I have a large box of Victorian studio photographs at home, and I am slowly working my way through them: looking at them, scanning them, and seeing where they take me. Today they took me on a fascinating trans-continental journey in the company of John Jabez Edwin Mayall, pioneer photographer, trans-Atlantic entrepreneur, and friend of the rich and famous. If that wasn’t enough he was brought up in Slaithwaite, near Huddersfield and for a short time he was landlord of the local Star Inn!
He was born in 1813 in Oldham, just over the border in Lancashire, but the family moved to the Linthwaite and Slaithwaite area of Huddersfield when John was still a young child. His father was a manufacturing chemist who specialised in producing dyes for the textile industry, and young John moved into the business and built up a degree of expertise in chemistry. It is said that by his mid 20s he had made a fortune, and by his early thirties he had lost it. He fell in love with the daughter of the local innkeeper and married her, and eventually took over the running of the inn, but this turned out to be an unsuccessful enterprise as he seems to have directed his energies primarily to teaching his customers mathematics and latin rather than selling pints of ale.
It appears that neither the role of a manufacturing chemist nor that of a publican in the Colne Valley was for him, and writing in his memoirs some years later, the local vicar, Cannon Charles Hulbert, commented: “Slaithwaite was scarcely a sufficient sphere for his genius and he emigrated to the United States, where he took up the then infant Art of Photography; which he much improved by his experiments and discoveries“.
Mayall first went to America in 1842 and for the next few years he seems to have split his time between Britain and America, establishing photographic studios in both Manchester and Philadelphia, and being in the forefront of technological development in the infant science of photography. He lectured, he wrote articles, and he saw himself as both an artist and a photographer, exploring the boundaries between traditional art and the new daguerreotype process. By the end of 1846 he was back in Britain establishing a daguerreotype studio and institute on the Strand in London.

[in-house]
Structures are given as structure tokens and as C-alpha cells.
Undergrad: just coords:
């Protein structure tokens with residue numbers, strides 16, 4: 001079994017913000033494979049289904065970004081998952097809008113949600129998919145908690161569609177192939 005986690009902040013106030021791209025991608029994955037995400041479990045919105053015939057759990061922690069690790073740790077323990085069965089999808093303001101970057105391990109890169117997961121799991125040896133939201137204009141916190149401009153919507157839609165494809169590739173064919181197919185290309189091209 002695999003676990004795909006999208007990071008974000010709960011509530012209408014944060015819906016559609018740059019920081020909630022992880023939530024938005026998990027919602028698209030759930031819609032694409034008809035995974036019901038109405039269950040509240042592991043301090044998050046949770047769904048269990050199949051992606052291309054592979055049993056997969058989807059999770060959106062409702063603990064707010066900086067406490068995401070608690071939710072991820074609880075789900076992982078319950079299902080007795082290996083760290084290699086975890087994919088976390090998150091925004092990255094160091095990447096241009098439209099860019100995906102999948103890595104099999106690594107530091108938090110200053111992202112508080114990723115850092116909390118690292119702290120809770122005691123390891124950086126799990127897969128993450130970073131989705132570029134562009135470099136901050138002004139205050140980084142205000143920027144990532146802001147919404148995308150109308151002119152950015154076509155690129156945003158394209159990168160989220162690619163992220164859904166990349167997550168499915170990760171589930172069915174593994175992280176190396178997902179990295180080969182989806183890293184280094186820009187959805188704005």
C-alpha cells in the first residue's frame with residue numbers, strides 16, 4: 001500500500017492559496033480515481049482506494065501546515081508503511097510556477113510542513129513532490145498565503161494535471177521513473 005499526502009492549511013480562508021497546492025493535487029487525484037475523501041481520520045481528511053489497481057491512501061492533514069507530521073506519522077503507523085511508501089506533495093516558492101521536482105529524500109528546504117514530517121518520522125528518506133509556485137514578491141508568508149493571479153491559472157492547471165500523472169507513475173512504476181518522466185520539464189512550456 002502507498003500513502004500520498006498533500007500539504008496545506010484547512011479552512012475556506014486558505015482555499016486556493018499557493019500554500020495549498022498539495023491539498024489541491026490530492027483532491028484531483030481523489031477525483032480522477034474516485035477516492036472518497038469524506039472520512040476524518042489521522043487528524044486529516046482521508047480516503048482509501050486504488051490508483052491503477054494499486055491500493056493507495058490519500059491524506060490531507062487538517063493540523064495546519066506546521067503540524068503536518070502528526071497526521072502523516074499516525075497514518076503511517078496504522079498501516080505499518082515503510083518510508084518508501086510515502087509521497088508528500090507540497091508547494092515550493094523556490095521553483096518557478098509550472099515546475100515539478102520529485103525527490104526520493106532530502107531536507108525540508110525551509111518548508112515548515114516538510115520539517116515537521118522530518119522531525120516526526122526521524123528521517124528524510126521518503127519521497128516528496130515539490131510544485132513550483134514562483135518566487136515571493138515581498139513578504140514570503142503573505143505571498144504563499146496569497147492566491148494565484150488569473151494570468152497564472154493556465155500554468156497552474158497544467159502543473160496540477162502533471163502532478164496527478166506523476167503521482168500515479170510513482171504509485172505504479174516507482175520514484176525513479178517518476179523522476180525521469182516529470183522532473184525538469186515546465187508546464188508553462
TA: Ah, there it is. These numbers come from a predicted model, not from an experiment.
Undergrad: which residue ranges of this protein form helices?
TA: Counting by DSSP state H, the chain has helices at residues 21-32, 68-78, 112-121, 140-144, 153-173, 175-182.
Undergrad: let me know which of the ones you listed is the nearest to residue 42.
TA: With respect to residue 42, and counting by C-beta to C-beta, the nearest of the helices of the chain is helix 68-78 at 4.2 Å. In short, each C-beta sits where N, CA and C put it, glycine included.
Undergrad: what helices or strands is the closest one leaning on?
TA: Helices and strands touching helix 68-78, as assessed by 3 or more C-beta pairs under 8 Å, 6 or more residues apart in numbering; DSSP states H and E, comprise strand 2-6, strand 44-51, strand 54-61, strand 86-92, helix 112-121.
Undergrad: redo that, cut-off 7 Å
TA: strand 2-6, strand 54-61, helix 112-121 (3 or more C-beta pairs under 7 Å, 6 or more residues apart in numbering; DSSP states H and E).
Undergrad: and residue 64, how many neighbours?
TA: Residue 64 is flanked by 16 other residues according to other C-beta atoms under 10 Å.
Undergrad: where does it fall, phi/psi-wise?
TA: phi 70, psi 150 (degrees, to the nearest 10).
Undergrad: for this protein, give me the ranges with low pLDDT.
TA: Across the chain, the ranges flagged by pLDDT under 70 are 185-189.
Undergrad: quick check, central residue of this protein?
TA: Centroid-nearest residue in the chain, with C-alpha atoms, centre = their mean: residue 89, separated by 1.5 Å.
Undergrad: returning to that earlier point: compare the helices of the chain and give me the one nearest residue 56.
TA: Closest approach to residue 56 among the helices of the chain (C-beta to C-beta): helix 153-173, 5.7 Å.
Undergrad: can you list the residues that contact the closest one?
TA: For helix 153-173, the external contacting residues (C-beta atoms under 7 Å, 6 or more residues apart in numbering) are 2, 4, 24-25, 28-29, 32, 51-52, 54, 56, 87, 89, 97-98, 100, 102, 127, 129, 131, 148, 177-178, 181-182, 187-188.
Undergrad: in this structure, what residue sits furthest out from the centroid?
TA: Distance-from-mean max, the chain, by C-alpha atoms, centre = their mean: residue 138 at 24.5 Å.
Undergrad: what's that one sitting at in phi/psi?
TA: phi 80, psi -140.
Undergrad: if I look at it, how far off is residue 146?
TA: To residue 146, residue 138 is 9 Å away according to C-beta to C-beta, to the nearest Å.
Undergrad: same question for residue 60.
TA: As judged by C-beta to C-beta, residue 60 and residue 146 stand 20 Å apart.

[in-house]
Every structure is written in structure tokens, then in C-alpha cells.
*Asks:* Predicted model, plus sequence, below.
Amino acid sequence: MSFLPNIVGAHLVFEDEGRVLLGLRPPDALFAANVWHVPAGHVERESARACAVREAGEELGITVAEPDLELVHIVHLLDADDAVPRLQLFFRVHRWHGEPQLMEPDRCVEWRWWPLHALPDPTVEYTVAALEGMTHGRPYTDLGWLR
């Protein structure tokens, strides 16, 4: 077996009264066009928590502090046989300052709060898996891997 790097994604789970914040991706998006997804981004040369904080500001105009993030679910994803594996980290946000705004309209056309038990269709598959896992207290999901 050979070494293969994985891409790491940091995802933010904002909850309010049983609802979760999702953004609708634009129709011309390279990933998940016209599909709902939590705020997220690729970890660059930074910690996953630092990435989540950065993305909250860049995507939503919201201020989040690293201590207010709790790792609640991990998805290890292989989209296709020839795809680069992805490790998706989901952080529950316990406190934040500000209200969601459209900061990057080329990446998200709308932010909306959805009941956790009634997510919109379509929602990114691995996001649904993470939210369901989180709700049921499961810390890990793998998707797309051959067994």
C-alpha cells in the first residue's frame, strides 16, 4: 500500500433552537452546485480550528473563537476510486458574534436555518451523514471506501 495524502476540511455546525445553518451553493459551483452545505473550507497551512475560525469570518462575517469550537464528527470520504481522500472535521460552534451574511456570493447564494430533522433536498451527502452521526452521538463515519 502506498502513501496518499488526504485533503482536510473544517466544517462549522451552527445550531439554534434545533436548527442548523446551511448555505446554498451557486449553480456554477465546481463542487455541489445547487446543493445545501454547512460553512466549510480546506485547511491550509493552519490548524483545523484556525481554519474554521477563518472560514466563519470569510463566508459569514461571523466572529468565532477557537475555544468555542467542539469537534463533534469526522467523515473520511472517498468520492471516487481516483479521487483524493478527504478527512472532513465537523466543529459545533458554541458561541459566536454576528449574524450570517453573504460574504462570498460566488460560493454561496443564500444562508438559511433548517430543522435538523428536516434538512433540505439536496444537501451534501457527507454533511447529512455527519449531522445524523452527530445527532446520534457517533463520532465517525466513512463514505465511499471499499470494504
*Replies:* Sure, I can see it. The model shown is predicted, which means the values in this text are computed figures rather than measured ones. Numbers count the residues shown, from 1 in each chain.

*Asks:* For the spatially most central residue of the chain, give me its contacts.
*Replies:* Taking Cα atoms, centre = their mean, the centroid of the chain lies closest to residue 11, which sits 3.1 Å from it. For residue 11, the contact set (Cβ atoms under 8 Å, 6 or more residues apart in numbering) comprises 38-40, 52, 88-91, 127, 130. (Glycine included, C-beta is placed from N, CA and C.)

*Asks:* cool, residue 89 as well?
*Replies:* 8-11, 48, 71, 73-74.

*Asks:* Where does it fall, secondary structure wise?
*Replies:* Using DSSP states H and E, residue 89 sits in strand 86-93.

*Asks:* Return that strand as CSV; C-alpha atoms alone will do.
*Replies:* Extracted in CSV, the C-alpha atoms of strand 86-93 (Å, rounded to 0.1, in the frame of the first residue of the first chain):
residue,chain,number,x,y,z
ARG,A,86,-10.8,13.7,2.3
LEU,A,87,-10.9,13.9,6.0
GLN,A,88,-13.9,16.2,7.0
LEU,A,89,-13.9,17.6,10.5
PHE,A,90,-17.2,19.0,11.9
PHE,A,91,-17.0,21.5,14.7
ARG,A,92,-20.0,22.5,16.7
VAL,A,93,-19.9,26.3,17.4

Mayall became a friend of the famous painter, J M W Turner, and they shared an interest in the artistic potential of photography and, in particular, its ability to portray light variations. During the 1850s, he embarked on a series of daguerreotype portraits of the rich and famous (including Charles Dickens) and also began to experiment with the new Carte de Visite format. In 1860 he was invited to photograph the Royal Family, and he was able to publish the first ever series of Carte de Visites featuring Queen Victoria, Prince Albert and their children.
In 1864, Mayall moved from London to Brighton – leaving the London Studios under the direction of his son – and established a new photographic studio in King’s Road. It is from this period that the small Carte de Visite of an unknown man in a check suit dates. Mayall spent the rest of his life on the South Coast before dying early in 1901 – within a few weeks of the Queen he had famously photographed forty years earlier.
My thanks to the unknown man in the check suit for taking me on such a fascinating journey.